"Let's stop treating the symptoms and focus on healing the real problem, cutting it off at the deepest well. It's a way to make sure we're not just fixing what's on the surface but getting to the heart of the matter."


Why read “The Deepest Well”

I recommend reading this book because it addresses how adverse childhood experiences affect a large part of our society. 

Understanding this is crucial, and Dr. Nadine Burke Harris explains it in a way that's easy to grasp and apply. Her approach makes the information accessible. 

If you want to delve deeper into her insights, I also suggest listening to her 15-minute TED Talk, "How Childhood Trauma Affects Across a Lifetime," which is one of my favorites. Dr. Harris compellingly presents the information, making a significant impact. 

I often share this TED Talk in my circles, and some hesitate to watch it, admitting they're scared because they know they might relate. 

This fear reflects the widespread prevalence of these issues. Despite the discomfort, facing it is crucial to break the cycle. If you're engaging in this material, I commend you for choosing to confront and address the underlying issues.



“What Happened to You” By Oprah and Bruce Perry  
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The next book I recommend is "What Happened to You" by Oprah and Dr. Bruce Perry

You may know Oprah for her incredible ability to connect people and facilitate meaningful conversations. 

Dr. Perry is a principal at the Neurosequential Network, a senior fellow at the Child Trauma Academy, and a professor at Northwestern University. Over the past 30 years, he has been actively involved in teaching, clinical work, and research on children's mental health and neuroscience. 

His impactful work on the effects of abuse, neglect, and trauma on the developing brain has influenced practices and policies globally. Dr. Perry has authored bestselling books like "The Boy Who Was Raised as a Dog" and "Born for Love." The book "What Happened to You" delves into conversations about trauma, resiliency, and healing, offering valuable insights co-authored by Oprah and Dr. Perry. 

What I really enjoyed about "What Happened to You" is that it feels like a conversation between Oprah and Dr. Perry. 

Oprah shares stories, and Dr. Perry explains the science behind them. The format is informal and easy to read, making it accessible to everyone. 

The book encourages us to see our own stories in theirs, and I appreciate how it challenges the common question of "What's wrong with you?" 

Growing up, I often heard that phrase when someone behaved differently. Instead, the book suggests embracing and understanding by asking, "What happened to you?" 

This shift in perspective from judgment to compassion reminds me of a personal experience dropping off my dog, Jude. Instead of questioning what was wrong with me, the person on the other side asked, "What happened to you?" 

It's a powerful reminder that we're all going through something, and changing our questions can shape how we show up for one another.


Why read “What happened to you?”

I recommend reading this book because it combines scientific knowledge with practical application. 

Oprah shares her experiences, connecting them to the research discussed in the book. The conversational style makes it feel like you're sitting down for coffee with two friends.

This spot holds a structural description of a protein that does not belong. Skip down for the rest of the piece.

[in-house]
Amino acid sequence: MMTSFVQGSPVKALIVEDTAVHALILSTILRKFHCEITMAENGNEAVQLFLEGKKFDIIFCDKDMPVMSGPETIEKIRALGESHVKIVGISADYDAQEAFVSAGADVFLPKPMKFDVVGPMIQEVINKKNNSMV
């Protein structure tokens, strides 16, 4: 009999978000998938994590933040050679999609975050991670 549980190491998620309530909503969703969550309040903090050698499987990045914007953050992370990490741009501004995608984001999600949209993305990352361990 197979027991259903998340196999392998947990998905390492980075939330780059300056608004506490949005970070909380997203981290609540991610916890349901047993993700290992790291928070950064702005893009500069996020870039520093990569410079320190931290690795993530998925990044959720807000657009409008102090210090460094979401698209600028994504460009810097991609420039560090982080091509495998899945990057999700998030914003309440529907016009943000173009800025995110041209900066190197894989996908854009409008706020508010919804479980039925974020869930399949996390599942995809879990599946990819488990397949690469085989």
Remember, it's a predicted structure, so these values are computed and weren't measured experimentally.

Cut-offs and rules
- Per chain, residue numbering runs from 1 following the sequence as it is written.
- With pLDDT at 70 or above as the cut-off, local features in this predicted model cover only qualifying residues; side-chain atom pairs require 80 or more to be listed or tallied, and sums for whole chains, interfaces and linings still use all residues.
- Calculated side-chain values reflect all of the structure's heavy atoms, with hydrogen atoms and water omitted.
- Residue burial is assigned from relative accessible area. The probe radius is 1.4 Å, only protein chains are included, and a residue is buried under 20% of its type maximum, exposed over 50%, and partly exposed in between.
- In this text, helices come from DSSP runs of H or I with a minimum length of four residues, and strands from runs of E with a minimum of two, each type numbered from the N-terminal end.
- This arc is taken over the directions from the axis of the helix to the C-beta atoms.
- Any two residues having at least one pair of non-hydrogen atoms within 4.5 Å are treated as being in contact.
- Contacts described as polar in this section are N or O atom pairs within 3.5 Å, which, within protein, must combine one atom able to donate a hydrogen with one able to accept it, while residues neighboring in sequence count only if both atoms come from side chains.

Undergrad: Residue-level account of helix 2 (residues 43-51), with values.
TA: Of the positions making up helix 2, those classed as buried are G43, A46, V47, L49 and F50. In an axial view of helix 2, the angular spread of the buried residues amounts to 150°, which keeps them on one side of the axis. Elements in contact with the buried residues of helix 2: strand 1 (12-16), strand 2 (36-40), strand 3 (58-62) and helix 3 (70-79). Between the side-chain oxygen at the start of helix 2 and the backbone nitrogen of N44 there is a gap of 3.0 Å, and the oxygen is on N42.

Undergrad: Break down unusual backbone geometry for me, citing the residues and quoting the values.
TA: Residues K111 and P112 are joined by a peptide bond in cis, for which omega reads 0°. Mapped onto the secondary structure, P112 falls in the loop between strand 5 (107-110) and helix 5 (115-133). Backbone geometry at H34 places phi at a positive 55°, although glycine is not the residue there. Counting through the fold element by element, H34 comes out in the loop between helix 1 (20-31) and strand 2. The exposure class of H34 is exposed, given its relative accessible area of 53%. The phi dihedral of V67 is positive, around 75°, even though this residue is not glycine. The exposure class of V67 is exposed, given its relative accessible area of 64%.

If you're interested in learning more, you can listen to Oprah and Dr. Bruce Perry discussing the book in-depth during a conversation at South by Southwest Education 2021, available on YouTube. 

Additionally, you can explore Dr. Bruce Perry's book "The Boy Who Was Raised by a Dog" and listen to Oprah's podcast, "Super Soul," an extension of her Super Soul Sunday. Engaging with these resources allows us to surround ourselves with pioneers who initiate significant conversations, creating a powerful sense of shared humanity.

"It Didn't Start with You" by Mark Wolynn 
🌊 πŸŒŠ πŸŒŠ 

I recommend reading "It Didn't Start with You" by Mark Wolynn. He's a world leader in the field of inherited family traumas, teaching at various institutions globally. 

The book delves into how inherited family trauma shapes who we are and offers insights into ending the cycle. It's a liberating read that addresses the sometimes challenging aspects of exploring our inherited "toolboxes" without shame.  

The author encourages reflection and acknowledges that everyone before us did their best, paving the way for personal growth and healing. The book emphasizes the importance of understanding our roots to empower positive change and evolution.

Looking back at my own story, if I think about the toolbox my mom gave me, it's not exactly what I would have chosen for myself. I might have chosen different tools to take care of myself. 

However, if I ask my mom about her toolbox, she would probably say she did better than what was done to her. 

This realization has helped me feel more compassionate towards my mom. She, too, had a belief that she was doing better than before. If I go back to my grandmother and ask her, she is able to provide different things for my mom than what was done for her.  

The essence of this book is starting to untangle and create space for the journey that brought me to where I am now. Reflecting on everything that happened has empowered me to move forward. It's a pretty powerful realization.

He talks about this a few times, emphasizing that this process doesn't depend on knowing your exact family history. It's about meeting yourself where you are, using what you may already know, and understanding that this work isn't reliant on having all the details.